Thursday, April 26, 2007


The Consolation of Philosophy

The other day, we reported that the Nebraska Coordinating Commission for Postsecondary Education has decided to change the prefix of Jim Garretson's creationism course at McCook Community College from science to philosophy "to better reflect the nature of the subject matter."

Naturally, there was some grousing from the philosophers among RSR's readership who don't believe proselytizing is quite the same as philosophizing, but for the most part they kept a stiff upper lip as they took one for the team.

That's why we wanted to link to this story, "Science, a Creation of God," by Gailon Totheroh on Pat Robertson's Christian Broadcasting Network. Togheroh turns the usual Christian right rant against science and scientists as the spawn of Satan on its head by writing about scientists who were devout Christians.

Togheroh cites sociologist Rodney Stark as calculating "about 96 percent of innovators from the mid-1500s to 1700 were Christian believers. And the great majority of those-- 61 percent -- were devout Christians." (To achieve these figures, current fundamentalist opinion about who qualifies, and who does not, as a Christian, had to be broadened to include deists such as Isaac Newton.)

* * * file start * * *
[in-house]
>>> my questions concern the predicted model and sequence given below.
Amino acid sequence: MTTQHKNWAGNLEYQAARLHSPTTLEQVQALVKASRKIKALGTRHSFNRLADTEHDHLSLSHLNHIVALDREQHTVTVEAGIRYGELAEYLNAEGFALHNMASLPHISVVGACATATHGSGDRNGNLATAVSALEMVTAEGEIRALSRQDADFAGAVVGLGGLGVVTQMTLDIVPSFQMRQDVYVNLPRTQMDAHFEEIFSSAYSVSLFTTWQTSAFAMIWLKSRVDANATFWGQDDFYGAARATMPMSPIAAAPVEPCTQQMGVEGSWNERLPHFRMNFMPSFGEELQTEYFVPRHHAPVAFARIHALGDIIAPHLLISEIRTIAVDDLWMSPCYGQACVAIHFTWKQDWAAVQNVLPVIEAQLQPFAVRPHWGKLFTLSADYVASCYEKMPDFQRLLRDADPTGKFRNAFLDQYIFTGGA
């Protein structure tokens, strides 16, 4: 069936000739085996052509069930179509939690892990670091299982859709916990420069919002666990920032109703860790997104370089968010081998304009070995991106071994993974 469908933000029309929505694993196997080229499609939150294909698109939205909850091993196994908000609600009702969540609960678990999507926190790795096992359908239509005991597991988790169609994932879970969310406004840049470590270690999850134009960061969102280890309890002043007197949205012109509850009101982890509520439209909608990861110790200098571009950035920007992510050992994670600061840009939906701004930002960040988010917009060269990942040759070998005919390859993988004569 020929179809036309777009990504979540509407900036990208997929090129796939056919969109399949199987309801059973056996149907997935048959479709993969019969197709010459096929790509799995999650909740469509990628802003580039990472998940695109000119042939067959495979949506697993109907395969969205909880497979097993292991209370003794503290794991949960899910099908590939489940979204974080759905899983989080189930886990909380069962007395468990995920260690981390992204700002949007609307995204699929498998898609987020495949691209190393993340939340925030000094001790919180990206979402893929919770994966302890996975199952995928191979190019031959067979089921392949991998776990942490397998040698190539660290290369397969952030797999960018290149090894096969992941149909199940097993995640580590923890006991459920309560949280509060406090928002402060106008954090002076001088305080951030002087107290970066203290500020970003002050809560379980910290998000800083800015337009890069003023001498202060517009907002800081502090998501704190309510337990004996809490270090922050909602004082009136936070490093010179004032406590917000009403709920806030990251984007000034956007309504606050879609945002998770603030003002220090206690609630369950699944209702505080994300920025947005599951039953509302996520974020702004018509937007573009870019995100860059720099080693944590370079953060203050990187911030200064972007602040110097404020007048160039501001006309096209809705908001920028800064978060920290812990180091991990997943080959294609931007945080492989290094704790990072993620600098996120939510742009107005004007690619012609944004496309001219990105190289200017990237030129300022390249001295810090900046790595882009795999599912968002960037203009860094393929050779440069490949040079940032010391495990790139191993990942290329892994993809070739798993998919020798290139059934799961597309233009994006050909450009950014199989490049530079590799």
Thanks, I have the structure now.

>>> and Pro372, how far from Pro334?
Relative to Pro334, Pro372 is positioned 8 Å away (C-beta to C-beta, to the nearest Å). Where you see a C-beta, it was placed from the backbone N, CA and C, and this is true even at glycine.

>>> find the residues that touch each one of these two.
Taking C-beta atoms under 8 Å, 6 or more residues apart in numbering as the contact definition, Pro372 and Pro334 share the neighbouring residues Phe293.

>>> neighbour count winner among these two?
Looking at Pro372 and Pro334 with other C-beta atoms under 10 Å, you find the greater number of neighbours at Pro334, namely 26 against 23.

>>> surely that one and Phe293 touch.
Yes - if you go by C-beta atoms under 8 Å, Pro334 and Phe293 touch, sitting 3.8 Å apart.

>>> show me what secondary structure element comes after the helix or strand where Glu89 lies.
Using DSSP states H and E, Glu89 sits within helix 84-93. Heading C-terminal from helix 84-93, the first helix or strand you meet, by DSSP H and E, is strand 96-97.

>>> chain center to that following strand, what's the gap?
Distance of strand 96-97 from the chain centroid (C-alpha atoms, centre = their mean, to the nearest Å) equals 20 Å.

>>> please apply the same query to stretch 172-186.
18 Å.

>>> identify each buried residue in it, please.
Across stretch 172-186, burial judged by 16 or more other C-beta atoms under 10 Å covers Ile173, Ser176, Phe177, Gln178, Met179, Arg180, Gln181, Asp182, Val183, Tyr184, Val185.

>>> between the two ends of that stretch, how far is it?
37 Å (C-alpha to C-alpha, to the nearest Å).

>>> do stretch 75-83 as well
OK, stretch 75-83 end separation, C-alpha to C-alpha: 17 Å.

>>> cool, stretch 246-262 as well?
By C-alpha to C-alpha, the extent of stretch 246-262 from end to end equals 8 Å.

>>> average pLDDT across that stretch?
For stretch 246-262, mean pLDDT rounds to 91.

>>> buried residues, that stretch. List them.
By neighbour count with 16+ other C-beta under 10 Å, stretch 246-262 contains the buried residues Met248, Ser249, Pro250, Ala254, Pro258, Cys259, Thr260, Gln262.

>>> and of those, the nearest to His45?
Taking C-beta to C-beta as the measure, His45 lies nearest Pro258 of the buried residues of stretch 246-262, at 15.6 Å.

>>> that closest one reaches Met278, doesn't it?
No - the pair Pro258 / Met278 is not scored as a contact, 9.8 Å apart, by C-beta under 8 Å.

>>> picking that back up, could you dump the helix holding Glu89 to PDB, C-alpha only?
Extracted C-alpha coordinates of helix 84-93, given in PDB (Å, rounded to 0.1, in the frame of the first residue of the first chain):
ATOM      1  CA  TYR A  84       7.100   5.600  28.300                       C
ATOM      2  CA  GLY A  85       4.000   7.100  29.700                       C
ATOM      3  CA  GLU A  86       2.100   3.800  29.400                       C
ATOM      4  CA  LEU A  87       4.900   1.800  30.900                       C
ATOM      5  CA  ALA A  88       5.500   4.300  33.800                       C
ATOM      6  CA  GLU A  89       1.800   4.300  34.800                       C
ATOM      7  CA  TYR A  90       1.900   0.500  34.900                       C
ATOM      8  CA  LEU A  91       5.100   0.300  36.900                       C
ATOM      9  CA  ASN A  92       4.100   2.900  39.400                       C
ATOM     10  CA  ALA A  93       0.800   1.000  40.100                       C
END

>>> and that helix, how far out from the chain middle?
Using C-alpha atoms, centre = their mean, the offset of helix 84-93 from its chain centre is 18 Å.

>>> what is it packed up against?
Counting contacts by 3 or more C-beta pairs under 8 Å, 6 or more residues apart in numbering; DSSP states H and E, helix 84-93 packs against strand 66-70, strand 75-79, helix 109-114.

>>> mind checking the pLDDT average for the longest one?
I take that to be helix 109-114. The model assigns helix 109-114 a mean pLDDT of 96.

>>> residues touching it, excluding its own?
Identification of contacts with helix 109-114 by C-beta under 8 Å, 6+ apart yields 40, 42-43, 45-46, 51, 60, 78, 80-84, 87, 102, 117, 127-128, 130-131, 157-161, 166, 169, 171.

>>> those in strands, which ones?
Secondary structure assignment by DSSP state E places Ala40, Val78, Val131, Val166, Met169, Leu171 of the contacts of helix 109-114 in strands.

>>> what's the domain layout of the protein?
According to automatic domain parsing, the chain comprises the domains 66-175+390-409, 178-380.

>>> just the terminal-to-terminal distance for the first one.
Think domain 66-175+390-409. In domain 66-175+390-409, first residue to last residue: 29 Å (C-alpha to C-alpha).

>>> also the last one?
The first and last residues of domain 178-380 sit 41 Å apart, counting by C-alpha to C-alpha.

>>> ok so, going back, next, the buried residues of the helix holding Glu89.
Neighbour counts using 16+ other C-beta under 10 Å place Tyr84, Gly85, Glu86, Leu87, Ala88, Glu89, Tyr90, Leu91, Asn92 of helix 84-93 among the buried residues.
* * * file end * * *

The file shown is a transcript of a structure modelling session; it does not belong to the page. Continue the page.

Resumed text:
Amusingly, in Togheroh's revisionist view of the Christian origins of science -- the early Greeks and Muslims get short shrift here -- scientists aren't the god haters, it's those damn philosophers:

"The views of leading intellectuals like Hobbes, Voltaire, and Rousseau show that fields like philosophy were often the province of unbelievers ... "

He goes on to quote Henry Schaefer as saying, "You can give basically a library list of all the great contributors to philosophy, and they're all skeptics - skeptics, agnostics or atheists -- so it is clear that science has been a particularly Christian activity."

We don't know if that's a consolation for philosophers, or the consolation of philosophy, but there it is.


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